Analysis and Verification of Pointer Programs

Seminar in Theoretical CS, Winter Semester 2016/17


  • 23.06.2016: we are online


20.10.2016, 14:00 Introduction at seminar room of i2 (building E1, room 4201b)
21.11.2016 Detailed outline of report due
12.12.2016 Seminar report due
09.01.2017 Presentation slides due
19.01.2017, 14:00-17:00 Seminar at seminar room of i2 (building E1, room 4201b)


Many software bugs can be traced back to the erroneous use of pointers, i.e., references to memory addresses. They constitute an essential concept in modern programming languages, and are used for realising (dynamic) data structures like lists, trees etc., which are organised in the computer’s memory as a so-called heap. Pointers are also abundantly present in object-oriented software such as Java collections, albeit in the somewhat implicit form of object references. Pointer-handling operations occur in device drivers, operating systems, and all kinds of application codes including those implementing safety-critical systems. The analysis of such software is a highly demanding and important task, as memory leaks, dereferencing null pointers or the accidental invalidation of data structures can cause great damage especially when software reliability is at stake. Moreover, the increasing presence of concurrency in modern computing raises additional problems such as the non-synchronised access to memory areas, which can entail so-called data races. Even worse, the formal analysis of concurrent software poses additional challenges caused by the non-deterministic execution order (interleaving) between different strands of concurrent activities.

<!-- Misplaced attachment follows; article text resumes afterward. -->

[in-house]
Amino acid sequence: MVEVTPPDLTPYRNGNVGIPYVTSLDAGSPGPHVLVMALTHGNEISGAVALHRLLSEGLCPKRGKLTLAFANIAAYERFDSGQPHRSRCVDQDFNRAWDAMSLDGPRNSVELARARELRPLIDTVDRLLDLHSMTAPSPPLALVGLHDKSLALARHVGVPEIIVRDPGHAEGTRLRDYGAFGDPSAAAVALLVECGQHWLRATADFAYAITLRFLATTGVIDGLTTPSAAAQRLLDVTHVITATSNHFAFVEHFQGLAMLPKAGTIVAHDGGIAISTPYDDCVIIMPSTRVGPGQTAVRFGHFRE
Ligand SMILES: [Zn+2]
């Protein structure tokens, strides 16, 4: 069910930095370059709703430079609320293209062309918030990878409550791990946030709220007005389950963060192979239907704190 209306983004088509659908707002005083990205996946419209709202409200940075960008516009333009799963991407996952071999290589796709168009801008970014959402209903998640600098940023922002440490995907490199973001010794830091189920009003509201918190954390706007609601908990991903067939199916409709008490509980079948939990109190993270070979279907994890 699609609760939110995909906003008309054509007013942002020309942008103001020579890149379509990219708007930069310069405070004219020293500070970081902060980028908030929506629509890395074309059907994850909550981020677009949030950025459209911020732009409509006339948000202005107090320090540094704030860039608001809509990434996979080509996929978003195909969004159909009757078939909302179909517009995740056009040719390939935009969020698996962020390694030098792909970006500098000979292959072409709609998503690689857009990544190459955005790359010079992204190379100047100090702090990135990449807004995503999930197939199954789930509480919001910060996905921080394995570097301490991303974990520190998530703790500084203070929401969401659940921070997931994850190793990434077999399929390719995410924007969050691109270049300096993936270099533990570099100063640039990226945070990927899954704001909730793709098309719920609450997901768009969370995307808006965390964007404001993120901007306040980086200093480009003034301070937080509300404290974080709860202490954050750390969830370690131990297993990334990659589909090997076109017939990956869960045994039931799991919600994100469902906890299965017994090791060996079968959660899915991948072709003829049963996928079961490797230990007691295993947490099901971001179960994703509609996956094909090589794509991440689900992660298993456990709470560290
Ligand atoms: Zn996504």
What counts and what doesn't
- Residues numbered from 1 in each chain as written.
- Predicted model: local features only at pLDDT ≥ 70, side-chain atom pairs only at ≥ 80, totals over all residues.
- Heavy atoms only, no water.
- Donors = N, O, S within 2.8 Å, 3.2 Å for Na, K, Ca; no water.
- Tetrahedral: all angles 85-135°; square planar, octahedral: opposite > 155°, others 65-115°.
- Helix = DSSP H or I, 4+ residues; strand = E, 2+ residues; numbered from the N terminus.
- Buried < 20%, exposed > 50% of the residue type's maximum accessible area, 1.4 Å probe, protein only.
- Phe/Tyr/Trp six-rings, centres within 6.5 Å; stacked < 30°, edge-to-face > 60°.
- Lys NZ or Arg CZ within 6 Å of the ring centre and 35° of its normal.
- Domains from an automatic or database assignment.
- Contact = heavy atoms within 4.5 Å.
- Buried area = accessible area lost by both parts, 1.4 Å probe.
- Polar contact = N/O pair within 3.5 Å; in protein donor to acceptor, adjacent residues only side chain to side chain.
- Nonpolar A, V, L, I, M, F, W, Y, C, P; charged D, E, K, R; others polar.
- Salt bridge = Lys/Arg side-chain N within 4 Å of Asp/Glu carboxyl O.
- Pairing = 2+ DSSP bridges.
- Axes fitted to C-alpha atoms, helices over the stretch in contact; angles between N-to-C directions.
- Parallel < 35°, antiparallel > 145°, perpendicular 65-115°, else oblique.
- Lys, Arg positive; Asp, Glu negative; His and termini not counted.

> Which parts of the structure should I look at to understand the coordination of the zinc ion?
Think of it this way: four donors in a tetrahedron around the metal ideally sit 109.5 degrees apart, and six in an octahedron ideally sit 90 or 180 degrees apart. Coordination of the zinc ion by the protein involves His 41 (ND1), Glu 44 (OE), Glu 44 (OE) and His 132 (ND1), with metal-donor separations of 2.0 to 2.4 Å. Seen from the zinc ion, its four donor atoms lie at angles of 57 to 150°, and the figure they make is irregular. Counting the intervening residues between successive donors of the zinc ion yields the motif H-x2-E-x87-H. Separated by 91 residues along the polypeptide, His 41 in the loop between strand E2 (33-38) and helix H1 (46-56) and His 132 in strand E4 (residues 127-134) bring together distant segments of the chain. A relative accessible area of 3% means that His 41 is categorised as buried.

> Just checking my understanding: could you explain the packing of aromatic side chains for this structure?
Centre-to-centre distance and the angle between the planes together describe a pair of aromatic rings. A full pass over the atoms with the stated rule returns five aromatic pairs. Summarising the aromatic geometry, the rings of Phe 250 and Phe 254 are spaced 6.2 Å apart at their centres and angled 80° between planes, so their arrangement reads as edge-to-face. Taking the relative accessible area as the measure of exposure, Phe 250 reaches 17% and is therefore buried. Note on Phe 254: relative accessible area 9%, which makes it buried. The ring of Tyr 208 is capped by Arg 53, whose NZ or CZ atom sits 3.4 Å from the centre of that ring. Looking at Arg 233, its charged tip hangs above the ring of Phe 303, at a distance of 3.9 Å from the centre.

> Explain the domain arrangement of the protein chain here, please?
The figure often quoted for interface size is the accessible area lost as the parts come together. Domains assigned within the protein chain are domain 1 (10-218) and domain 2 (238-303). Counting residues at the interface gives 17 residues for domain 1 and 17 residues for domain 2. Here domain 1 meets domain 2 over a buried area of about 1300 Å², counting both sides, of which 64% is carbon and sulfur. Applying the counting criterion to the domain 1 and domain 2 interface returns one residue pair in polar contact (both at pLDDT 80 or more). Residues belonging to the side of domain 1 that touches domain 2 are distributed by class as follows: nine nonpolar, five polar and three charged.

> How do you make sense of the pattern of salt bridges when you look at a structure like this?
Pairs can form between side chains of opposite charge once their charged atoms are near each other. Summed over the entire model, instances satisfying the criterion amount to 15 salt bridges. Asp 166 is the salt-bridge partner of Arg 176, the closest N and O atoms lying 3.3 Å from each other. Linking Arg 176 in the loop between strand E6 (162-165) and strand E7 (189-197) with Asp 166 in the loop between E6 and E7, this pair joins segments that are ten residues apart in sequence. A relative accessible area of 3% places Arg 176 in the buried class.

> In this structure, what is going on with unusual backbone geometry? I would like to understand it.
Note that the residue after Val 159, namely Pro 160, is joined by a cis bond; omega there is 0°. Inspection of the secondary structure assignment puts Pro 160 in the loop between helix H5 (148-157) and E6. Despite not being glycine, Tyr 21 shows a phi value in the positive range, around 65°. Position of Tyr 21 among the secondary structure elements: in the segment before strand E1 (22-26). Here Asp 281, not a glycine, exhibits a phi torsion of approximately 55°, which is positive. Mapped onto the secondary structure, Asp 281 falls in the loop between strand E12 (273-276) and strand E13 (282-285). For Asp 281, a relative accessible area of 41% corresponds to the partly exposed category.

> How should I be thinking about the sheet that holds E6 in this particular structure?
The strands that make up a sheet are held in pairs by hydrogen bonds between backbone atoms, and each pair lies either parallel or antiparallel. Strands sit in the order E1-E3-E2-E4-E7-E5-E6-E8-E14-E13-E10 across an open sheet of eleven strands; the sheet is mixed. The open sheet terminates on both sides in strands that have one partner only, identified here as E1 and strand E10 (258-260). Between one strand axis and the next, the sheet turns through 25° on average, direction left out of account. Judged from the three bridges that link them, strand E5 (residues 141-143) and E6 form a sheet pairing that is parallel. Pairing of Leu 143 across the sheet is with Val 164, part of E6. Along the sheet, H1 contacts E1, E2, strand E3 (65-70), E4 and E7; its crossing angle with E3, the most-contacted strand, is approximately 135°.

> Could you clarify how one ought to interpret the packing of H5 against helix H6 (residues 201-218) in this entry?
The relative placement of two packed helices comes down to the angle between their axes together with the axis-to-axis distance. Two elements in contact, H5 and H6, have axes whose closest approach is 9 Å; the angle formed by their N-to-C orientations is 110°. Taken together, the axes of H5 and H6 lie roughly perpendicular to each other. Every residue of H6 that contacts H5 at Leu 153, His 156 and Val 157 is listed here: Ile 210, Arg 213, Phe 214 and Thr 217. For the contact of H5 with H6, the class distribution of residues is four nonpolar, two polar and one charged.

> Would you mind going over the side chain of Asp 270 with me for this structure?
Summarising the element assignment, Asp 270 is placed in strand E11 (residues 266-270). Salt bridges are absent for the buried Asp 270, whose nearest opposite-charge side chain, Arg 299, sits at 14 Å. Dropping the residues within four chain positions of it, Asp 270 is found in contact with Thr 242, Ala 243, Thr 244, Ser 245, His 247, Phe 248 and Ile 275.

In consequence, the complexity of state spaces arising from dynamic data structures, recursive method or procedure calls, and dynamic creation of and interleaving between concurrent threads imposes challenges which cannot be handled by standard verification algorithms such as finite-state model checking. This problem has been a topic of continuous research interest since the early 1970s. A common approach are abstraction techniques that employ symbolic representations of sets of program states using suitable formalisms. Various such formalisms have been considered for this purpose, which can be distinguished with regard to their expressiveness, precision, efficiency, and automatability. The goal of this seminar is to study a particularly successful logical approach, namely, Separation Logic. Its importance is witnessed by the 2016 Gödel Prize, which was awarded to Stephen Brookes and Peter W. O’Hearn for their invention of Concurrent Separation Logic.


Basic knowledge in the following areas is expected:

  • Formal languages and automata theory
  • Mathematical logic
  • Previous knowledge in semantics of programming languages, program analysis, model checking and/or concurrency theory is helpful but not mandatory


(The “B” and “M” tags respectively refer to topics on BSc and MSc level.)

  1. B: Local Shape Analysis
  2. B: Compositional Shape Analysis
  3. B: Cyclic Entailment Proofs
  4. B/M: Arithmetic Strengthening for Shape Analysis
  5. B/M: Amortised Resource Analysis
  6. M: Concurrent Separation Logic

Additional Material


Registration to the seminar is handled between June 24 and July 10, 2016, via the central online form. Later applications will not be considered.


Thomas Noll <noll at>